The Eleventh Circuit Court of Appeals’ decision in In re TOUSA, Inc. raised significant questions regarding a lender’s exposure to fraudulent transfer liability. Senior Transeastern Lenders v. Official Committee of Unsecured Creditors (In re TOUSA, Inc.), Case No. 11-11071 (11th Cir. May 15, 2012). In TOUSA, the Eleventh Circuit overturned the District Court’s ruling that temporarily forestalling bankruptcy can constitute reasonably equivalent value under section 548 of the Bankruptcy Code. This ruling increases the risk that a lender that extends credit to a financially distressed company to forestall or avoid bankruptcy will have the transaction clawed back as a constructively fraudulent transfer if the distressed company ultimately files for bankruptcy protection.

The Eleventh Circuit also ruled that the Transeastern Lenders could be held liable as initial transferees under section 550 of the Bankruptcy Code because certain of TOUSA’s subsidiaries granted liens to the New Lenders in exchange for cash, and TOUSA used that cash to satisfy the debts owed to the Transeastern Lenders. Importantly, the court did not find that the structure of the refinancing was influenced or designed by the Transeastern Lenders.

This conclusion is troubling for lenders because companies often obtain secured debt to refinance unsecured holding company debt that is maturing at a time when the company cannot refinance on an unsecured basis. Under the Eleventh Circuit’s decision, the existing holding company lenders may be at risk of liability if, even years after the refinancing, the company files a chapter 11 case and the refinancing loan is deemed to be a fraudulent transfer.

Please click here to read our complete post on this decision.

May 18, 2012: Third Circuit Prohibits Retroactive Application of Grossman’s Decision to Unknown Future Claims in Wright v. Owens Corning.

In May 2012 the Third Circuit issued an important decision clarifying the appropriate standard to apply in determining when a “claim” arises. In determining the universe of debts eligible for discharge, Third Circuit courts labored for many years under Avellino v. M. Frenville Co. (In re M. Frenville Co.), 744 F.2d 332 (3d Cir. 1984), which held that a claim arises when a right to payment accrues under applicable nonbankruptcy law. Courts in other jurisdictions almost unanimously rejected Frenville’s “accrual” test because it seemed to be at odds with the Bankruptcy Code’s broad definition of “claim”. On June 2, 2010, in Jeld-Wen, Inc. v. Van Brunt (In re Grossman’s Inc.), 607 F.3d 114 (3d Cir. 2010), the Third Circuit reversed course on the highly criticized accrual test, overruling Frenville and adopting an amalgam of the “conduct” test and “prepetition relationship” test used by other courts to determine when a claim arises for purposes of the Bankruptcy Code. Under the Third Circuit’s new test, a claim arises when an individual is exposed prepetition to a product or other conduct giving rise to an injury, which underlies a right to payment under the Bankruptcy Code. Grossman’s expanded the range of debts that could be discharged in bankruptcy, and arguably signaled a new, more debtor-friendly era in the Third Circuit. However, on May 18, 2012, the Third Circuit issued a decision in Wright v. Owens Corning, Case No. 11-2026 (3d Cir. May 18, 2012) holding that due process concerns may preclude retroactive application of Grossman’s to certain unknown future claims and, accordingly, the debts on account of such claims may survive a chapter 11 discharge. Owens Corning indicates that the fresh starts received by some reorganized debtors may not be quite as fresh as originally anticipated.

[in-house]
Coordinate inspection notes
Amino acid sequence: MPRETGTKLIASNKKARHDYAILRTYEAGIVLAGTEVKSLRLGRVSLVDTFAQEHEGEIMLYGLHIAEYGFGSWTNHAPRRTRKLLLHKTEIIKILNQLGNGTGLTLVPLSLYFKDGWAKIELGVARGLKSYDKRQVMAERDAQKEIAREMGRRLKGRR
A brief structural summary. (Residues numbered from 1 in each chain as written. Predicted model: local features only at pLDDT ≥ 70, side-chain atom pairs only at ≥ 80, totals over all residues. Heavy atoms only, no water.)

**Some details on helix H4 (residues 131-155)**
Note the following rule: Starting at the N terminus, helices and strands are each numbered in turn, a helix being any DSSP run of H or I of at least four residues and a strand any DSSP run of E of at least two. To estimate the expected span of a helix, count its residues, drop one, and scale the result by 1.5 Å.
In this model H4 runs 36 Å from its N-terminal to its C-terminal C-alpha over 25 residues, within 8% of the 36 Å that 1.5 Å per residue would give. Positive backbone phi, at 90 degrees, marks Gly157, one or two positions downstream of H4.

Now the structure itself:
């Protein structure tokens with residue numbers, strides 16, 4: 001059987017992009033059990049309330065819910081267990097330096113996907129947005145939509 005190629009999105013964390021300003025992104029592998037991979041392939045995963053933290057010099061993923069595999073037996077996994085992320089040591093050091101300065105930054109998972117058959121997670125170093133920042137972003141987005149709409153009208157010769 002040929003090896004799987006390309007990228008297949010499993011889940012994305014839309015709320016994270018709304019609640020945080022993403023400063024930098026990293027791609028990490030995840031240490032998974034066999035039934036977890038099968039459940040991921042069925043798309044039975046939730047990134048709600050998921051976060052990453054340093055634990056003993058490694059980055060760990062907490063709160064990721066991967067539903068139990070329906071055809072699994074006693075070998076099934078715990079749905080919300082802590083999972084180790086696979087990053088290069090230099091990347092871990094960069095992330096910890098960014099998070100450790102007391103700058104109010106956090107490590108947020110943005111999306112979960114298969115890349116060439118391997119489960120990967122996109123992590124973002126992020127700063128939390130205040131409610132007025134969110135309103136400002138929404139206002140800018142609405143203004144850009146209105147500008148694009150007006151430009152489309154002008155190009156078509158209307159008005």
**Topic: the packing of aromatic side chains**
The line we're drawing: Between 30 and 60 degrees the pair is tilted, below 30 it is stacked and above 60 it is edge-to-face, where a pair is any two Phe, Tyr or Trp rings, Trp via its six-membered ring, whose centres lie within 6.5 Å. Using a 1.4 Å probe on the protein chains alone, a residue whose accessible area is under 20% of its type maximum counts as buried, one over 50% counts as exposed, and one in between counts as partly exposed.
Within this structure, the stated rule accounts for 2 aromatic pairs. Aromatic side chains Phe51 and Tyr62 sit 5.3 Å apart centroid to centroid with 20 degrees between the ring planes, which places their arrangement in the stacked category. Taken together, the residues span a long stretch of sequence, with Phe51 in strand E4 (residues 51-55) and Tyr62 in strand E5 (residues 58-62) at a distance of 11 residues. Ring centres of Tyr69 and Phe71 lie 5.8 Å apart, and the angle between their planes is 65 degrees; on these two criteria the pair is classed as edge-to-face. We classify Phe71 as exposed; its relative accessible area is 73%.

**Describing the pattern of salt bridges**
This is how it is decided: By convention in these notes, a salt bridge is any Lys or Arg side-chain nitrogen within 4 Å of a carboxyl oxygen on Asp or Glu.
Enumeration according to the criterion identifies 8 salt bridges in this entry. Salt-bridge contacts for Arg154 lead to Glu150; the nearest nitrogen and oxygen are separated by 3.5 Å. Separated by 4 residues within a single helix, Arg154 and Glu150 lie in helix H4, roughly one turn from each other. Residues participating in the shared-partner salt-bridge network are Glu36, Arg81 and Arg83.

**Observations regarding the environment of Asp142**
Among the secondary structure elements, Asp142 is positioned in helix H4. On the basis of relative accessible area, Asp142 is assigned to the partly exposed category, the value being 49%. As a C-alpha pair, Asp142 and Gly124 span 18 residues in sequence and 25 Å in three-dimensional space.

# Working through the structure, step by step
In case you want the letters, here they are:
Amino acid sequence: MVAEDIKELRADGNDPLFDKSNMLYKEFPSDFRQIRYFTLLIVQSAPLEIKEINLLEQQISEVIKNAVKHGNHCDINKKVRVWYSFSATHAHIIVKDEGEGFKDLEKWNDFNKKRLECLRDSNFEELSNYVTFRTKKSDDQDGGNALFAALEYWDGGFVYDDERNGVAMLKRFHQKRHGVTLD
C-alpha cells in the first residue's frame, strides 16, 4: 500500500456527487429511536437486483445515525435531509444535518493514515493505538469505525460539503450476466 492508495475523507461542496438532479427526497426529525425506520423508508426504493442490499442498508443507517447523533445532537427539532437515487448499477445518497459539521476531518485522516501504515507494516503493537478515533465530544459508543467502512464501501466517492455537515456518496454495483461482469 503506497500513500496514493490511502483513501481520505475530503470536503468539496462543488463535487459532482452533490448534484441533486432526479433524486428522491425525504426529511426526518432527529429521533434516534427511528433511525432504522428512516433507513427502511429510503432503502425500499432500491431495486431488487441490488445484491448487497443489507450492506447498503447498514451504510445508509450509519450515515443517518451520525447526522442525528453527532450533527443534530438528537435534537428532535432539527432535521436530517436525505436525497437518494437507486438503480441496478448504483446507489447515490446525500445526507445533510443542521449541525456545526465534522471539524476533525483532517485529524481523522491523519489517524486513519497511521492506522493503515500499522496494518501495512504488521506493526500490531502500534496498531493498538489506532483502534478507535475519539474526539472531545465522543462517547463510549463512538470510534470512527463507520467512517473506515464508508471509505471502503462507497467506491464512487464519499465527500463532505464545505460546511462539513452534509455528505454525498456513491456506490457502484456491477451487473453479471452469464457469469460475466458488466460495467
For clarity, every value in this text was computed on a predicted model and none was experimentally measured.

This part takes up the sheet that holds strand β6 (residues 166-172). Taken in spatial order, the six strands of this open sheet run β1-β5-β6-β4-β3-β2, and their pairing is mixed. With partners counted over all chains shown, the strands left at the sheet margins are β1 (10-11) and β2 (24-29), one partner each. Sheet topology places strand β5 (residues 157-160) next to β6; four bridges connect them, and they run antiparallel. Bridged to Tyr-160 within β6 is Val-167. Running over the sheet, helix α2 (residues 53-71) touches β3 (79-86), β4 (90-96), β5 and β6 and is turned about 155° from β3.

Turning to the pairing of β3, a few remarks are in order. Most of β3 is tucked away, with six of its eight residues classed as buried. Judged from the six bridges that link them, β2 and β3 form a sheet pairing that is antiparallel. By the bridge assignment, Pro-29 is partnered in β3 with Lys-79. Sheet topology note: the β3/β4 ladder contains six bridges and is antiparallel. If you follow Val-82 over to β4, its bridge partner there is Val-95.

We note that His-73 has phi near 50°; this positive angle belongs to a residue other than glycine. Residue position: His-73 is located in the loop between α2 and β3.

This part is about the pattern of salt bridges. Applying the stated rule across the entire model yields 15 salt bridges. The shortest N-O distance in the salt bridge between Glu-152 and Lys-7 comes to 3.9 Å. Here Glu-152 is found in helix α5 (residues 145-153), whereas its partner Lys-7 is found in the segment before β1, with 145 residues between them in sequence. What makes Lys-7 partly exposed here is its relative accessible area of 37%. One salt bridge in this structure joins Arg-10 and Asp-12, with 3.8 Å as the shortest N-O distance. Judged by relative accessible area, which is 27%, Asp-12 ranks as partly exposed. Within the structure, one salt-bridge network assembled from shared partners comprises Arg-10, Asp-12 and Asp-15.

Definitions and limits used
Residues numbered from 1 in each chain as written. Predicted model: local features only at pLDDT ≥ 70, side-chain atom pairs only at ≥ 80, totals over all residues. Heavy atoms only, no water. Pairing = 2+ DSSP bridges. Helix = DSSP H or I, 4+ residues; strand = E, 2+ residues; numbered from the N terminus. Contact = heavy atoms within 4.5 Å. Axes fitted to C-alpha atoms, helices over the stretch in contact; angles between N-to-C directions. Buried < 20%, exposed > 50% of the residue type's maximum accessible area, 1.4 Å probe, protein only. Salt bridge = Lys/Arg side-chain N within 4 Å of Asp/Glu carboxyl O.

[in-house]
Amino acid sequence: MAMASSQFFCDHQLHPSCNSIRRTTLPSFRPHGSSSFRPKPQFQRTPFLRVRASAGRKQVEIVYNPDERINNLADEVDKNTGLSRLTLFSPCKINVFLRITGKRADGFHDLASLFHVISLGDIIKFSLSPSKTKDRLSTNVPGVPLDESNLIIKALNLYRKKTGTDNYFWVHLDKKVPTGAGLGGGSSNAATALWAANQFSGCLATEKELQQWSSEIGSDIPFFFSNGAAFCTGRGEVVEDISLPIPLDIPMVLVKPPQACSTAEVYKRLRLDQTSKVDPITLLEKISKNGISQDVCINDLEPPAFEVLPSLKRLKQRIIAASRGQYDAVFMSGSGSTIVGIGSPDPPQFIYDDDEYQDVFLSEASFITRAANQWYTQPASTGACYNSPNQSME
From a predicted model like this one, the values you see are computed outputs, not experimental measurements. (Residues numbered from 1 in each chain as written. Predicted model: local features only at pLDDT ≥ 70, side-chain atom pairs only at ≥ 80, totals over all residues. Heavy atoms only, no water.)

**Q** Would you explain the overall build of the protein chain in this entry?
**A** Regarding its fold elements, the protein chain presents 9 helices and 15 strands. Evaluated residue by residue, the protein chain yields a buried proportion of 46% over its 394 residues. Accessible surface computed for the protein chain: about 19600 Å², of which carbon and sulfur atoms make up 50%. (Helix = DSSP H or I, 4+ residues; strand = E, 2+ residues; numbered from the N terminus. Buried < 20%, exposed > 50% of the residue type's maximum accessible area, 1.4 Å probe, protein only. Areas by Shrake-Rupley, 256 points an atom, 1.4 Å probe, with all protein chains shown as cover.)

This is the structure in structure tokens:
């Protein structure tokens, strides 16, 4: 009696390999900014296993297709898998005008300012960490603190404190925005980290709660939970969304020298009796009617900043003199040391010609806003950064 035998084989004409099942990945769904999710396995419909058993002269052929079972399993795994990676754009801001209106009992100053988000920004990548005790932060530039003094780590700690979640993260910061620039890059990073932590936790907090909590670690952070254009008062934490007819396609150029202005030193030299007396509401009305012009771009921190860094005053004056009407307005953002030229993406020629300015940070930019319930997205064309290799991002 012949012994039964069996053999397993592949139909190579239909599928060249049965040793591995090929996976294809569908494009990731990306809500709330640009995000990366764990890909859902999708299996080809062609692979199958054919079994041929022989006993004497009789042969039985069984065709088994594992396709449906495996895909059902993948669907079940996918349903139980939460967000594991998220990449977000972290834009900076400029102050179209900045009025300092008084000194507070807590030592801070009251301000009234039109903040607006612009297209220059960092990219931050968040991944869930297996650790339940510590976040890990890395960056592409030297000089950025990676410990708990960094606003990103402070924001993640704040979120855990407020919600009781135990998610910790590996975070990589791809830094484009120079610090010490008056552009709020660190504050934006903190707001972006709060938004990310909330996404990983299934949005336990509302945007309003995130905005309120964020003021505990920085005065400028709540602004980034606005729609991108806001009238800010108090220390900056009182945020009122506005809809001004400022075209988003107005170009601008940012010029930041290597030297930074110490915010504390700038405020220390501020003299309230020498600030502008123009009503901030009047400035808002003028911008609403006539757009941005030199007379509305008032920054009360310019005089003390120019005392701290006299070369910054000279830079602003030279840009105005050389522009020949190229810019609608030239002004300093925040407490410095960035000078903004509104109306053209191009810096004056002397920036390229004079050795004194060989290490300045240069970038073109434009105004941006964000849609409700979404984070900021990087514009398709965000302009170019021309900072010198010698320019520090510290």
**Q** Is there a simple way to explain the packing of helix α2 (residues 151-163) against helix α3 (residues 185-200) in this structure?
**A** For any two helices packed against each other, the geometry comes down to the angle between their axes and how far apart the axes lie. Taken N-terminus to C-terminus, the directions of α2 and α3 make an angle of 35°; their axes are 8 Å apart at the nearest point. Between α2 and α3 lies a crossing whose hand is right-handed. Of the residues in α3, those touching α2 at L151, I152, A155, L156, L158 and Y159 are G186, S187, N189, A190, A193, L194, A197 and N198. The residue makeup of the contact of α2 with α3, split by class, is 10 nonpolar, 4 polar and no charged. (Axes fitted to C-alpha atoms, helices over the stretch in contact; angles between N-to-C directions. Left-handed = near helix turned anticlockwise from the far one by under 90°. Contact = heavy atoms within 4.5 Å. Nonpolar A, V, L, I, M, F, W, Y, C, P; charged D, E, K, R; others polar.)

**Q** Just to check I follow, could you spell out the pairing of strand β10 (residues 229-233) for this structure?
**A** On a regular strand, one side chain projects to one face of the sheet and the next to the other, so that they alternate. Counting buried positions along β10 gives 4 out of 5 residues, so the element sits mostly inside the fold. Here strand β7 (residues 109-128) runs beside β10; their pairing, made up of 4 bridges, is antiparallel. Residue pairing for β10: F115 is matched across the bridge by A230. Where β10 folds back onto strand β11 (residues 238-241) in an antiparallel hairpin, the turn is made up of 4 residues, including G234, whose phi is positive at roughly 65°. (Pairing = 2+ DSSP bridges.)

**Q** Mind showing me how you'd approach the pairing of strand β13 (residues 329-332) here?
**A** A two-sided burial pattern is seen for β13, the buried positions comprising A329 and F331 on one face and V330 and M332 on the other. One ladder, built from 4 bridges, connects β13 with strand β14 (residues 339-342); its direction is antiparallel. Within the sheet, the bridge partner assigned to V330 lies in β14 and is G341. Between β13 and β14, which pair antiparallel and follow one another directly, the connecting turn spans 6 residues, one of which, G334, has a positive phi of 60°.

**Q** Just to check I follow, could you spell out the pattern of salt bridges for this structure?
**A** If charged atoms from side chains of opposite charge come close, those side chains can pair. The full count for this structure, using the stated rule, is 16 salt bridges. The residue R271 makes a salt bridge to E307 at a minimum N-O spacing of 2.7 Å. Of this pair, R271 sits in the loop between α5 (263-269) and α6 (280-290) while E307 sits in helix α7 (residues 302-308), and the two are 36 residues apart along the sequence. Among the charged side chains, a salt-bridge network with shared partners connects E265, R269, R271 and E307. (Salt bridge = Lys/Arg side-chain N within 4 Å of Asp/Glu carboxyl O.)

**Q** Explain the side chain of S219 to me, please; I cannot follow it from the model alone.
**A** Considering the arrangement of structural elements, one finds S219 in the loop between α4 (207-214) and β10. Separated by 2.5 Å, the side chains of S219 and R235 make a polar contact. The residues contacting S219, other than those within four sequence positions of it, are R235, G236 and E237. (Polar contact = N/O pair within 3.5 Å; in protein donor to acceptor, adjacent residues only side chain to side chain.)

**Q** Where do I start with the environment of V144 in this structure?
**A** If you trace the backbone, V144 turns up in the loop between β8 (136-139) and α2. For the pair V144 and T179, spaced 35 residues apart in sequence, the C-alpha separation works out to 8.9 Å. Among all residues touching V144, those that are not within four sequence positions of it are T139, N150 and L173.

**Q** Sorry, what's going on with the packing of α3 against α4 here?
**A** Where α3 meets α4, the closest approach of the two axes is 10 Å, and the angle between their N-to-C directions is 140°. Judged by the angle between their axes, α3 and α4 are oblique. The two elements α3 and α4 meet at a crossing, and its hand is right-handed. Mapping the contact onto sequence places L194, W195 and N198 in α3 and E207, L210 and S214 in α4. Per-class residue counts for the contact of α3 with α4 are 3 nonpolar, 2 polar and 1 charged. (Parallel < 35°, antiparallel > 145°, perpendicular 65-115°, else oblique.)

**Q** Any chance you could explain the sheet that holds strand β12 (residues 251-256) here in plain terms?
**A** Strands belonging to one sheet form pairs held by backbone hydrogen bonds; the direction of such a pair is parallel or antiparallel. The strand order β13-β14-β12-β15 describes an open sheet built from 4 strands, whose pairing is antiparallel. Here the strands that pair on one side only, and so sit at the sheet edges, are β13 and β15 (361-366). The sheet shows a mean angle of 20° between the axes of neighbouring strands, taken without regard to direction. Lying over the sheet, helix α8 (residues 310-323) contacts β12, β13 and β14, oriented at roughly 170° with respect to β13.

Please click here to read our complete post on Owens Corning decision.

May 29, 2012: Radlax: The Supreme Court Affirms Secured Creditors’ Right to Credit Bid at Plan Sales

In a widely anticipated opinion, the U.S. Supreme Court affirmed secured creditors’ right to credit bid when collateral is sold pursuant to a plan of reorganization. RadLAX Gateway Hotel v. Amalgamated Bank, 566 U.S. __ (2012). The decision resolved a circuit split on the issue and reversed prior rulings of the Third and Fifth Circuits allowing debtors to sell collateral pursuant to a plan of reorganization so long as the secured creditor received the “indubitable equivalent” of its claim.

Writing for a unanimous court, Justice Scalia relied almost exclusively on a textual analysis of section 1129(b)(2)(A) of the Bankruptcy Code and rejected the argument that if a plan that contemplated the sale of assets provided a secured creditor with the “indubitable equivalent” of its claim, the plan could be confirmed even if the secured creditor was not allowed to credit bid. The court found that a common sense reading of this section and canons of statutory construction only authorized the provision of the indubitable equivalent of a claim in circumstances where collateral was not sold pursuant to a plan of reorganization or the secured creditor retained its lien on the collateral.

Although RadLAX vindicated secured lenders’ rights, by relying primarily on textual analysis, the court did not endorse the broader policy interests favoring a right to credit bid.

Please click here to read our complete post on this decision.